No Evidence Protecting New England Ocean Gem Harmed Fishing

Before the Northeast Canyons and Seamounts Marine National Monument was designated in 2016, representatives of the New England commercial fishing industry opposed protecting this unique ocean area approximately 130 miles off the coast, which is home to whales and dolphins, seabirds, deep sea corals, and countless fish species. They claimed that making the area off limits to fishing would devastate their businesses. And they continued to make such claims for years. Then, this past June, President Trump rescinded the Monument’s commercial fishing prohibition, citing significant impacts on commercial fishing.

Based on the available evidence, there is no basis for these claims.

NOAA Office of Ocean Exploration and Research, Deep Connections 2019

NRDC examined government data on commercial landings and revenues from the Atlantic Coastal Cooperative Statistics Program, a state-federal body charged with compiling this information for fisheries along the Atlantic coast. We specifically compared landings and revenues for the three years before designation (2014-2016) to the three years following designation (2017-2019) for:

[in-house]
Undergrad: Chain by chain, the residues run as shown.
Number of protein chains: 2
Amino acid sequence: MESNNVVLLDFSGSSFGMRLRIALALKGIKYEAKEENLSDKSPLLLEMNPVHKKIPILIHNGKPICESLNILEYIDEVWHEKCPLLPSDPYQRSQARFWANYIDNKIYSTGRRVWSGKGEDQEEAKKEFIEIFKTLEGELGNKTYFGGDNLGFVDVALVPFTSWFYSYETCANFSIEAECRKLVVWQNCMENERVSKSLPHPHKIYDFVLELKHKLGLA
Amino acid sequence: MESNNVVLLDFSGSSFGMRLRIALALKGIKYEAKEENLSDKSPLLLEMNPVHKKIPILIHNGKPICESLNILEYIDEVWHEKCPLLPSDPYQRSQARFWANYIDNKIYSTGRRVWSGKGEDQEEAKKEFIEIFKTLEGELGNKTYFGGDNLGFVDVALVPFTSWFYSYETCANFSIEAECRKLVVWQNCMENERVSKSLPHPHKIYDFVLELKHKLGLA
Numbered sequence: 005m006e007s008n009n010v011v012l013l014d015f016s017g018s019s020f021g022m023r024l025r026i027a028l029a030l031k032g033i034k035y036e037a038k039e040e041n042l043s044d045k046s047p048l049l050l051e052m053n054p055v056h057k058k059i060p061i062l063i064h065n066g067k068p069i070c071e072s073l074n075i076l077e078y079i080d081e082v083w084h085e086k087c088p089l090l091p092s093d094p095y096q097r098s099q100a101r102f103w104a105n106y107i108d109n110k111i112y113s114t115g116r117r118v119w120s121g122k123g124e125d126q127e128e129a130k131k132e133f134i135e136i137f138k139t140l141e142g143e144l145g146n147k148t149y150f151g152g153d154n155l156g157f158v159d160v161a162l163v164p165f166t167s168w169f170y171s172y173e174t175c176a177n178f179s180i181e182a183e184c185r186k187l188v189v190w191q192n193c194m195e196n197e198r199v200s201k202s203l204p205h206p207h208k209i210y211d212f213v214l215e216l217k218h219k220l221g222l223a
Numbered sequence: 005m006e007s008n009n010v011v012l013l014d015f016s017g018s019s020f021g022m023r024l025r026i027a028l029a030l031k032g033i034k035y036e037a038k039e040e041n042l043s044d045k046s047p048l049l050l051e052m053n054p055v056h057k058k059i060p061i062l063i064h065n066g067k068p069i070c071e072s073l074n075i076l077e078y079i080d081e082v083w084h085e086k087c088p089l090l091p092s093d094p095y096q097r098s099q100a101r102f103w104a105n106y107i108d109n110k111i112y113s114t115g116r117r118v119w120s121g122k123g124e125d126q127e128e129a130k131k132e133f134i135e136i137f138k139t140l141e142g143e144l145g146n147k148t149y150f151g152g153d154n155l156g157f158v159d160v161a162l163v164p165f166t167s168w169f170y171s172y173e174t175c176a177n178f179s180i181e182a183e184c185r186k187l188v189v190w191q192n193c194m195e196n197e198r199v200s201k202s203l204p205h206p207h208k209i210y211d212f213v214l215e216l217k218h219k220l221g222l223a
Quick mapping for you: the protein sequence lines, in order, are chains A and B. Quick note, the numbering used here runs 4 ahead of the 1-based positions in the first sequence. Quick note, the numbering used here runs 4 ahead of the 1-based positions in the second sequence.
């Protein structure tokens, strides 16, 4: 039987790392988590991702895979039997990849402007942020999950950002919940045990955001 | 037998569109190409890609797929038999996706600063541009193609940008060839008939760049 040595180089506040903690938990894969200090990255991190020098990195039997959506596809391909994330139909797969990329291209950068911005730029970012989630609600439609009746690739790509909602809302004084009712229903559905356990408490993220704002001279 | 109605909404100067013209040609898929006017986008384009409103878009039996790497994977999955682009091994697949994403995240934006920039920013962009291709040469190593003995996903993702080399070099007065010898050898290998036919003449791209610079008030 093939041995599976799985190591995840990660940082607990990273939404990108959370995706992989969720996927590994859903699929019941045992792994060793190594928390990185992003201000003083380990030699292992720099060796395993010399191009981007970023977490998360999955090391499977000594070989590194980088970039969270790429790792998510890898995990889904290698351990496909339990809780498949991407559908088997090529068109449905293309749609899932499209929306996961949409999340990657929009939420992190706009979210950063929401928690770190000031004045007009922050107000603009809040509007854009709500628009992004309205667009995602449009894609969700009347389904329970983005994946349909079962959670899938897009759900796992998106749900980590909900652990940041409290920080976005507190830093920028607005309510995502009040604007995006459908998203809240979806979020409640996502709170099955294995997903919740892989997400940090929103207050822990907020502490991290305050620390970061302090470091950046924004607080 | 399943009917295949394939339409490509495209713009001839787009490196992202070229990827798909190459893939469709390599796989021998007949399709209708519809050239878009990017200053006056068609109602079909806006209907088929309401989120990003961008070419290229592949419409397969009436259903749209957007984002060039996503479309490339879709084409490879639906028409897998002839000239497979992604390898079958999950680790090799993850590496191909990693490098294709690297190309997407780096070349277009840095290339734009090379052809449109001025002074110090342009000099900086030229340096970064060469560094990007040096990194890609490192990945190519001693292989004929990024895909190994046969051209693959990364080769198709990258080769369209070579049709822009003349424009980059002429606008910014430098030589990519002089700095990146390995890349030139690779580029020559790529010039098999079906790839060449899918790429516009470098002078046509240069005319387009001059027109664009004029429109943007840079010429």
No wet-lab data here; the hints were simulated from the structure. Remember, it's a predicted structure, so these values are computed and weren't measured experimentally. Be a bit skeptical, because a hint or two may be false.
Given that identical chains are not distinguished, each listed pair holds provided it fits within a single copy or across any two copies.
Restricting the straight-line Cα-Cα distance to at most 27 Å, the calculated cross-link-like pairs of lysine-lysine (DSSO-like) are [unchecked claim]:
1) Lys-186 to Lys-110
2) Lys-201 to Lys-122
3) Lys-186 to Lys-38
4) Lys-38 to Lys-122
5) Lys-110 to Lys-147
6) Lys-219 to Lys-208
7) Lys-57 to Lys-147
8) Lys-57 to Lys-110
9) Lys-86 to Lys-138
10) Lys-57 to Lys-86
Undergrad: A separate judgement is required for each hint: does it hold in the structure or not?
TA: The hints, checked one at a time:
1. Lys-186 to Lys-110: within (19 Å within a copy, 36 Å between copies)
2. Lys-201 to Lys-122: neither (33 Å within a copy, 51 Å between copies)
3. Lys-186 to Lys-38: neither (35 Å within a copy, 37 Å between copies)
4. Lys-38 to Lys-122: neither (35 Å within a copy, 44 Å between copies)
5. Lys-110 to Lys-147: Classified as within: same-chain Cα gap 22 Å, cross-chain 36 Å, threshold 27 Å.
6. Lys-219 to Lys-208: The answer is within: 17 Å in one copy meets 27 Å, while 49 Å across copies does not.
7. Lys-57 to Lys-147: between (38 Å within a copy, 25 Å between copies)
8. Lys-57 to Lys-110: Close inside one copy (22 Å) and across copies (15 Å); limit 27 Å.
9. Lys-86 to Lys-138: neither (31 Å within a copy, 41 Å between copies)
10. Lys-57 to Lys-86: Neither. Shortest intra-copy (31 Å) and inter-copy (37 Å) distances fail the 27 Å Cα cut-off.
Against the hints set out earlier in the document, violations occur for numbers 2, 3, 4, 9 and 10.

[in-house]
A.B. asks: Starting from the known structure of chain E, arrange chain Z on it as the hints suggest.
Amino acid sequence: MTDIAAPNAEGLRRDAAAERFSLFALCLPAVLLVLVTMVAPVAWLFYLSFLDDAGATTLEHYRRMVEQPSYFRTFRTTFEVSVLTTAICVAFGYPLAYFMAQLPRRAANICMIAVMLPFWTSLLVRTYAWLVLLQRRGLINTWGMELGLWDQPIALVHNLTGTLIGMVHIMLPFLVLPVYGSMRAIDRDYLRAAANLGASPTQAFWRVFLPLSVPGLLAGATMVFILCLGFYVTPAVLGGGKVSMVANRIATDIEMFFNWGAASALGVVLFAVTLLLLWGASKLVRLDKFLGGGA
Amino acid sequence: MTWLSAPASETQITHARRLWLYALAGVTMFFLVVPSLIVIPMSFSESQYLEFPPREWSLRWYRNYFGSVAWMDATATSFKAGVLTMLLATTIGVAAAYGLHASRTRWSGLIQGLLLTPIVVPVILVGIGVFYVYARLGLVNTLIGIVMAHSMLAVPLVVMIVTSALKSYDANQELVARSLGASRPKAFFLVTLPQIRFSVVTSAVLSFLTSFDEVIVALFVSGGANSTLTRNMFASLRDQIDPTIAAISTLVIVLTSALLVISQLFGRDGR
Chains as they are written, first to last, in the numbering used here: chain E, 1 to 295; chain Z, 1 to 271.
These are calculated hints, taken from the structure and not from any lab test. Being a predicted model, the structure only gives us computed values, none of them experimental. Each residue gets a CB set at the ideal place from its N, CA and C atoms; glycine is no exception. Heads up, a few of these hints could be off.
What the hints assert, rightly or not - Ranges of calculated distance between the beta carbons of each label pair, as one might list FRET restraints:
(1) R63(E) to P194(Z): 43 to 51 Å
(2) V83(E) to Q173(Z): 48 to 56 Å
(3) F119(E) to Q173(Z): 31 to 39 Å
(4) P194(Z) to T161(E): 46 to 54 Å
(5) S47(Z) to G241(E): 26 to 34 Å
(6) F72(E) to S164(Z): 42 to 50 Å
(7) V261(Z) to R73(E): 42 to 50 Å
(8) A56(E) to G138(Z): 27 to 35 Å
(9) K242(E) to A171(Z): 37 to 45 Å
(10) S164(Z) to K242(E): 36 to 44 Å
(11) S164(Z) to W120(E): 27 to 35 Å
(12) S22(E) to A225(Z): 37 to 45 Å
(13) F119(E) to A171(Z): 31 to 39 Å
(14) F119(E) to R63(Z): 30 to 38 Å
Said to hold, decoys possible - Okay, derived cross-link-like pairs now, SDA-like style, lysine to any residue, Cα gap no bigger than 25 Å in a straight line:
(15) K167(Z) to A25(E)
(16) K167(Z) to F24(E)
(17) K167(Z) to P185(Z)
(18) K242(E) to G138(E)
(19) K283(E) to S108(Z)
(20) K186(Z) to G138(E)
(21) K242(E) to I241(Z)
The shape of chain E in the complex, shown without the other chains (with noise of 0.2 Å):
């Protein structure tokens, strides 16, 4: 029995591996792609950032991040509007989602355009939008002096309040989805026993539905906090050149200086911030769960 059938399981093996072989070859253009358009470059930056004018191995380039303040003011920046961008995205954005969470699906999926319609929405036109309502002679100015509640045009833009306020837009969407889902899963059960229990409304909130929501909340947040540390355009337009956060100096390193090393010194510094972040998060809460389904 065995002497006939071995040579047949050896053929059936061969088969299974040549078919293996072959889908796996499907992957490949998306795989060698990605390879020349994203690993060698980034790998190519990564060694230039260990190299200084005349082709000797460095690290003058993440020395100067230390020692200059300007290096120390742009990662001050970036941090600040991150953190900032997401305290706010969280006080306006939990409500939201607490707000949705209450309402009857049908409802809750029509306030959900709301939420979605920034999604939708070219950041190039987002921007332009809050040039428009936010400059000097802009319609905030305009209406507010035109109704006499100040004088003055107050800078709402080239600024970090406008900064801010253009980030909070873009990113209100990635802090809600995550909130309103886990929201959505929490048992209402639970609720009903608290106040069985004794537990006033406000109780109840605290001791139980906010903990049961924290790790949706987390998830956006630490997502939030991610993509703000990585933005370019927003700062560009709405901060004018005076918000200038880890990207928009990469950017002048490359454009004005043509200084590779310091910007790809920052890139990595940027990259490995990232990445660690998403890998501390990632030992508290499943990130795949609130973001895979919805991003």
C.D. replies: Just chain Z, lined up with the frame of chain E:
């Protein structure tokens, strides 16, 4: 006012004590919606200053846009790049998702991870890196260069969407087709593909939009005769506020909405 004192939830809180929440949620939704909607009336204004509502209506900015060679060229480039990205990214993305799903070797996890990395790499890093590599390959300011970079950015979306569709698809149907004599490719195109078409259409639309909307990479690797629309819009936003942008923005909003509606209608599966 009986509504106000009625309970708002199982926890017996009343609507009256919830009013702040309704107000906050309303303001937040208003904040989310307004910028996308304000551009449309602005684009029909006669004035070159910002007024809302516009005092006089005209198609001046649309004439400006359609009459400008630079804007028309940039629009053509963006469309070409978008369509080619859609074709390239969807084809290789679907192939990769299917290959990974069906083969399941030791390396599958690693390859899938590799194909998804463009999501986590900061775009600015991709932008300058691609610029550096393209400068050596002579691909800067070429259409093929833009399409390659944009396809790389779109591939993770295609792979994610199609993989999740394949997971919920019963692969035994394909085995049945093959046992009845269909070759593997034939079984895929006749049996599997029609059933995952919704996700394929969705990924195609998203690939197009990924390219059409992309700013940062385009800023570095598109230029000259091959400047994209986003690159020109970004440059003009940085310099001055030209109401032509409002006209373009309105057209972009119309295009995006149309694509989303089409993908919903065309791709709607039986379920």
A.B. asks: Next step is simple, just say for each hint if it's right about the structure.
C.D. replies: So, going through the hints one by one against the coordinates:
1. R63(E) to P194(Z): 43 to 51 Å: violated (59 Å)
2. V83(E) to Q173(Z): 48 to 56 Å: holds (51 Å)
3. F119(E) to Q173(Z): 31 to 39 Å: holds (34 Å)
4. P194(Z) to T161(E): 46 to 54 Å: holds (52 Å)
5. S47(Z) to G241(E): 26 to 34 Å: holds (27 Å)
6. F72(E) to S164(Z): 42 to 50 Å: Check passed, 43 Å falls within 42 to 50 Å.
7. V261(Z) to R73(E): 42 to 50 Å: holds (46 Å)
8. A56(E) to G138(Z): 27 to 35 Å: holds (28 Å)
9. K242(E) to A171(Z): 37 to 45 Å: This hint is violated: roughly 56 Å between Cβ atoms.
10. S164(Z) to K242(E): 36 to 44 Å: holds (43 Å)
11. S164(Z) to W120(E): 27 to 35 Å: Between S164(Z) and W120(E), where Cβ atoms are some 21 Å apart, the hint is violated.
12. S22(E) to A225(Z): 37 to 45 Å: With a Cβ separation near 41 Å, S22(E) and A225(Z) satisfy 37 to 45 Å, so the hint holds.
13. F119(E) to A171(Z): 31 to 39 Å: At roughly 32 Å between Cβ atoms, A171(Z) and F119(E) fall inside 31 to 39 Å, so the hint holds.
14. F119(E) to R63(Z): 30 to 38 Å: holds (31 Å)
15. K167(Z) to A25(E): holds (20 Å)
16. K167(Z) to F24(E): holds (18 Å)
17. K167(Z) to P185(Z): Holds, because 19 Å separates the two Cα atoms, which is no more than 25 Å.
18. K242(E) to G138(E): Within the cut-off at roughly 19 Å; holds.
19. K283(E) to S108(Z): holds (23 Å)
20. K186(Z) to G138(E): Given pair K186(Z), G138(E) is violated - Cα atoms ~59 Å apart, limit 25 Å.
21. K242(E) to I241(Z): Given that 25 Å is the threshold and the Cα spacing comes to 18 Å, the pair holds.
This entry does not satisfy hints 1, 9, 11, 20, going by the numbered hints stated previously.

1. the squid, mackerel, and butterfish fishery, and
  2. the Atlantic highly migratory species (HMS) fishery, which targets tuna and swordfish.

The fishing industry identified these as the primary commercial fisheries that had been operating in the Monument area and were prohibited from fishing there starting in November 2016.  (The designation contained a grandfather clause that allows crab and lobster fisheries to operate until 2023.)

We found that, in the three years following the Monument’s designation in 2016, overall landings and revenues actually increased in the squid, mackerel, and butterfish fishery.

Overall tuna and swordfish landings and revenues in the HMS fishery remained essentially the same.

In other words, government data shows no indication that the Monument caused economic loss for the commercial fishing industry while it was closed to commercial fishing. Indeed, the data indicates the opposite for some of these fisheries.

For more details, you can read our analysis here.

About the Authors

Brad Sewell

Senior Director, Oceans Division, Nature Program

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